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Why Running Feels So Hard After Taking Some Time Off

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You ran a marathon a month ago, and suddenly you can't run 5 miles. Or you took a couple weeks off of your regular SoulCycle sessions, and now making through a 50-minute class is hard as hell.

It's in no way fair, but it's how good ol' biology works. After all, in all things fitness, you're either training or detraining. That seems to be particularly true when it comes to cardio.

"The benefits of cardiovascular training are more transient than those in strength training, meaning they occur quickly and go away quickly too," explains Mark Barroso, C.P.T., a New Jersey-based trainer and Spartan SGX coach. "Once cardiovascular training is stopped for two to four weeks, you may see reductions in your respiratory ability, VO2 max [the maximum amount of oxygen your body can take in and use in a minute], and your body will become fatigued more easily."

What gives? It all comes down to the biological changes that occur in your body when you're performing your workout of choice. "With endurance training, we don't need to dramatically change the structure of our bodies to be able to do it," Barroso says. (FYI, with strength training, it generally requires taking at least six weeks off of your workouts to see decreases in muscle, tendon, and ligament size and strength.) "We only need to teach our bodies to deliver and efficiently use the oxygen and substrates and transport waste products," he says. Those responsibilities largely fall to metabolic enzymes and hormones, which are highly responsive to aerobic exercise—or a lack thereof.

In fact, Chris Jordan, C.S.C.S., C.P.T., director of exercise physiology at the Johnson & Johnson Human Performance Institute, notes that within as little as two weeks, the activity of oxygen-processing enzymes in the body's muscles decreases and the muscles begin to hold less and less glycogen, your body's stored form of carbohydrates. There's a decrease in the number and concentration of blood capillaries in your muscles, which help deliver oxygen to your muscles and clear out waste products such as hydrogen ions, he says.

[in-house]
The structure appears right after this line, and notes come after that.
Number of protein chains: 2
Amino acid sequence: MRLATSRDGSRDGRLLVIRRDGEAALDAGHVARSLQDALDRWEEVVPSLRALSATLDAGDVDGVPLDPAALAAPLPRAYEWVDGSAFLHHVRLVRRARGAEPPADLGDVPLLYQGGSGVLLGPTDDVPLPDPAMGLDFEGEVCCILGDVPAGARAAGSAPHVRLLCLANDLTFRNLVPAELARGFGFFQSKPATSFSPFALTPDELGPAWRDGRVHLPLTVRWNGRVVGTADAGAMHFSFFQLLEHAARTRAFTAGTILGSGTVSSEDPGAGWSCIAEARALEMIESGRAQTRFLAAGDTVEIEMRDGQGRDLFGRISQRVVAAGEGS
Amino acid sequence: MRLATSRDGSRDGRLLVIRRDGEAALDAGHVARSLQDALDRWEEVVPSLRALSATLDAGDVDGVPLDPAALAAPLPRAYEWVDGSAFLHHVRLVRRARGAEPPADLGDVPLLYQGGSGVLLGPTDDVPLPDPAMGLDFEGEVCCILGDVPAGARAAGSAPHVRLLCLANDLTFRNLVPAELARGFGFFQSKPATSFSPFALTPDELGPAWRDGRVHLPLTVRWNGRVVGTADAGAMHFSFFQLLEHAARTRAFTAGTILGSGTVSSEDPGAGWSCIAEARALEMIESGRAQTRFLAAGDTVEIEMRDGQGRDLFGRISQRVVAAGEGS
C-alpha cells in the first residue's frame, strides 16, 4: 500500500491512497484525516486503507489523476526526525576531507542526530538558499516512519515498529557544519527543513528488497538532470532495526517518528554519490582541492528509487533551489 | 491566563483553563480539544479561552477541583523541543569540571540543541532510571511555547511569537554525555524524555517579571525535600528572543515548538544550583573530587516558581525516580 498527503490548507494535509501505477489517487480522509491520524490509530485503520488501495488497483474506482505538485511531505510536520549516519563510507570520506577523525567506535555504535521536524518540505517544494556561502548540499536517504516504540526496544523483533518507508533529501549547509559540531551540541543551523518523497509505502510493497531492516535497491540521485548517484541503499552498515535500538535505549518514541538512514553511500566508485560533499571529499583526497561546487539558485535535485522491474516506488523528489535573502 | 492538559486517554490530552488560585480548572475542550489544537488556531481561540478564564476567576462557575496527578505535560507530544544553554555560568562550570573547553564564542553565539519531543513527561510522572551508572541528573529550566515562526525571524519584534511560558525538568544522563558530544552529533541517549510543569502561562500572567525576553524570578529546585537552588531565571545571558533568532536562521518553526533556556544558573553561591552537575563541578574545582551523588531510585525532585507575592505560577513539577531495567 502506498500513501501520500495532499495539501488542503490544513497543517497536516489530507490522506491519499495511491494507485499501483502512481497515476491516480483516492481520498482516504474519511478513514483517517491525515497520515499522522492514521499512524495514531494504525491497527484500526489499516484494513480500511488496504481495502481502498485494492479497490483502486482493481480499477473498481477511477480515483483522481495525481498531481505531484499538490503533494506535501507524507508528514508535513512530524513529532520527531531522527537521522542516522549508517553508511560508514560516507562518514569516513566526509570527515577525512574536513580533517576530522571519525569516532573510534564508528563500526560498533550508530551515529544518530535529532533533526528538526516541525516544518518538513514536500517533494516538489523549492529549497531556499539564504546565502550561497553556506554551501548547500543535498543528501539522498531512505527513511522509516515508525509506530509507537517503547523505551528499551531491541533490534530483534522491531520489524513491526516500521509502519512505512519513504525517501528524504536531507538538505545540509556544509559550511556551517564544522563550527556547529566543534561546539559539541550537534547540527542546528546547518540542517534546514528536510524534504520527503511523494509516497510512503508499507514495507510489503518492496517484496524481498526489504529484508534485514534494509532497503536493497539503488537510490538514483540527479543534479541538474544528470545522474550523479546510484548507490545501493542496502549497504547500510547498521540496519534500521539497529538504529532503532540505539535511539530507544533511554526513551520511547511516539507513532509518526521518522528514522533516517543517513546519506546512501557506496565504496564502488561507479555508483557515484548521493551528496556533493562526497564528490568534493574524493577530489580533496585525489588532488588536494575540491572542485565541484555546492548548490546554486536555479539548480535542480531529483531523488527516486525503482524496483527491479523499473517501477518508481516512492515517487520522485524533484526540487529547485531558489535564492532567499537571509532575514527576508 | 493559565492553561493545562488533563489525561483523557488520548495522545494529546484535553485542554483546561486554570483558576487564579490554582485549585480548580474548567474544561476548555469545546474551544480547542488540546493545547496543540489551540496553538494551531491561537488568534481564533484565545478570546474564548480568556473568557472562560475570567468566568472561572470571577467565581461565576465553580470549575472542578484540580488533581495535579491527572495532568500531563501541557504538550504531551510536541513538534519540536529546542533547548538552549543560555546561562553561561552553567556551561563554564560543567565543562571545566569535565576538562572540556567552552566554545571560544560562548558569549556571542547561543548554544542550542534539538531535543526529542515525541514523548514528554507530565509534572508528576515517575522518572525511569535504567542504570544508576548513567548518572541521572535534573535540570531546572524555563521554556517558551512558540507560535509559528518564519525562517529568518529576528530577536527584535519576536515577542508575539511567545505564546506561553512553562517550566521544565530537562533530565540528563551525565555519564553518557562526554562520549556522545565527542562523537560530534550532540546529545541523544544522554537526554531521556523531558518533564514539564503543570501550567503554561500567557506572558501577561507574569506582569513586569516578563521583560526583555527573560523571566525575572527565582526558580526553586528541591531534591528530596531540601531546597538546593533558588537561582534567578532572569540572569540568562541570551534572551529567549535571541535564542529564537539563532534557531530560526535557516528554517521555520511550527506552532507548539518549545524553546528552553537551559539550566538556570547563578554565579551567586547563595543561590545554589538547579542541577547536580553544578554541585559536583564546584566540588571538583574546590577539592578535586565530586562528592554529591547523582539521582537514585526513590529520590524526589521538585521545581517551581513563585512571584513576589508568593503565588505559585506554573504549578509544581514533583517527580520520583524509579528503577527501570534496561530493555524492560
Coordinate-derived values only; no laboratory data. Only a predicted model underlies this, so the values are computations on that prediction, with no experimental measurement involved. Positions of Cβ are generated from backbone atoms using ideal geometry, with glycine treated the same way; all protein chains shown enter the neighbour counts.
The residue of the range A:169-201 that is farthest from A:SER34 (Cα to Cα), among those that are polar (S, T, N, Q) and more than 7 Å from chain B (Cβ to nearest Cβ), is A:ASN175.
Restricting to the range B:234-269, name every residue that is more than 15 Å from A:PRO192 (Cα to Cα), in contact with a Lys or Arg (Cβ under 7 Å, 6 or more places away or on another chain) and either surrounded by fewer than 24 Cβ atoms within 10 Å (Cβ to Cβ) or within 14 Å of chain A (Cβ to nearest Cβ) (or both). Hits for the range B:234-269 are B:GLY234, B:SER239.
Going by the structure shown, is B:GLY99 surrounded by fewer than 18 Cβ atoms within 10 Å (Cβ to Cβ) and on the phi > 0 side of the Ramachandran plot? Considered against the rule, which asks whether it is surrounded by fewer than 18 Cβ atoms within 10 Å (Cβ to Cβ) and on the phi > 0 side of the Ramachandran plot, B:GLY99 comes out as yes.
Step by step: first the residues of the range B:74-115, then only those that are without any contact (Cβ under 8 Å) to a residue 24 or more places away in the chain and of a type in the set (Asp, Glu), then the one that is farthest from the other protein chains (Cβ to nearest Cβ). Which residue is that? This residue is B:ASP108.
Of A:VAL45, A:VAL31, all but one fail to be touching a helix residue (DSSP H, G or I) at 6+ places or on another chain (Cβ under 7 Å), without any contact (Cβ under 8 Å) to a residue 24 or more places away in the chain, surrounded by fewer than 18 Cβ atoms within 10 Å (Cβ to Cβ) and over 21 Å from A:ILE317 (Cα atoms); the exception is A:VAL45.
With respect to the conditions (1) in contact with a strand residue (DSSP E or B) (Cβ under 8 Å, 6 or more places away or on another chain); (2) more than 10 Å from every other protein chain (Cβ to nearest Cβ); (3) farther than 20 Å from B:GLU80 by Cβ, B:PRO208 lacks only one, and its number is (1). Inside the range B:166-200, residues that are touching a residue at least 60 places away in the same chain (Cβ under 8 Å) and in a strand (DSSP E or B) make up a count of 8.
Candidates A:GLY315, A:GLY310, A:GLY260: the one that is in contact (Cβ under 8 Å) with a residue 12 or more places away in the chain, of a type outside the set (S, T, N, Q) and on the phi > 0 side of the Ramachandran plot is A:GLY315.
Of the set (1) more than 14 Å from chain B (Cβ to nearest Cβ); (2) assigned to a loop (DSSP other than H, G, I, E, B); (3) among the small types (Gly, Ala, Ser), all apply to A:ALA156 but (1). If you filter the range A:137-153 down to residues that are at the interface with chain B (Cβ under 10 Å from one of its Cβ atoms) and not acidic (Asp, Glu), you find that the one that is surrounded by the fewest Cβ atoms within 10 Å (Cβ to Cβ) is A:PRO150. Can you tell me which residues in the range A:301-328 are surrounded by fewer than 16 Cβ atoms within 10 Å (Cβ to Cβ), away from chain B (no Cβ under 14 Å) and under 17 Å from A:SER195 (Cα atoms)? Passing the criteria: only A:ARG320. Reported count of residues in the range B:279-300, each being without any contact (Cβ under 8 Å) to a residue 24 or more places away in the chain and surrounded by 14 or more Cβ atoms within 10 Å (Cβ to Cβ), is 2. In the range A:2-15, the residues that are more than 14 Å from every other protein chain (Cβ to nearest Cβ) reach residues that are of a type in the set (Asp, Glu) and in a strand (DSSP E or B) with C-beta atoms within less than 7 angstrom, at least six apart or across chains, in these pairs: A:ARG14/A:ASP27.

Take one Nutrition, Metabolism and Cardiovascular Diseases study. Adults stuck to regular cardio routines for four months straight, and then took a whole month off. They lost almost all of their aerobic gains. Their improvements in insulin sensitivity and levels of HDL (good) cholesterol also all but disappeared.

If you want to look on the bright side, though, they didn't gain back the belly fat that they had lost while training. And their blood pressure levels stayed in check.

So is there any real way to keep your cardio up while taking a break from your regular heart-pounding workouts? (That vacation isn't going to take itself, ya know.)

Jordan says that maintaining cardio fitness requires a minimum of three days per week of vigorous training. (Muscular power and strength can be maintained with as little as one day per week.) That's probably more than you were hoping, but it's also significantly less time than you spent training for that half marathon. (Consider one of the best cities for runners for your next vacation.)

In the end, though, life happens and you're going to need an extended break at one point or another—that's okay. The most important thing is to not let the frustration of "starting over" keep you from jumping back into your routine. After all, while it can take anywhere from weeks to months to build your cardio back up, it will undoubtedly take less work than it did the first time around, Jordan says.

Now get out there and run. 

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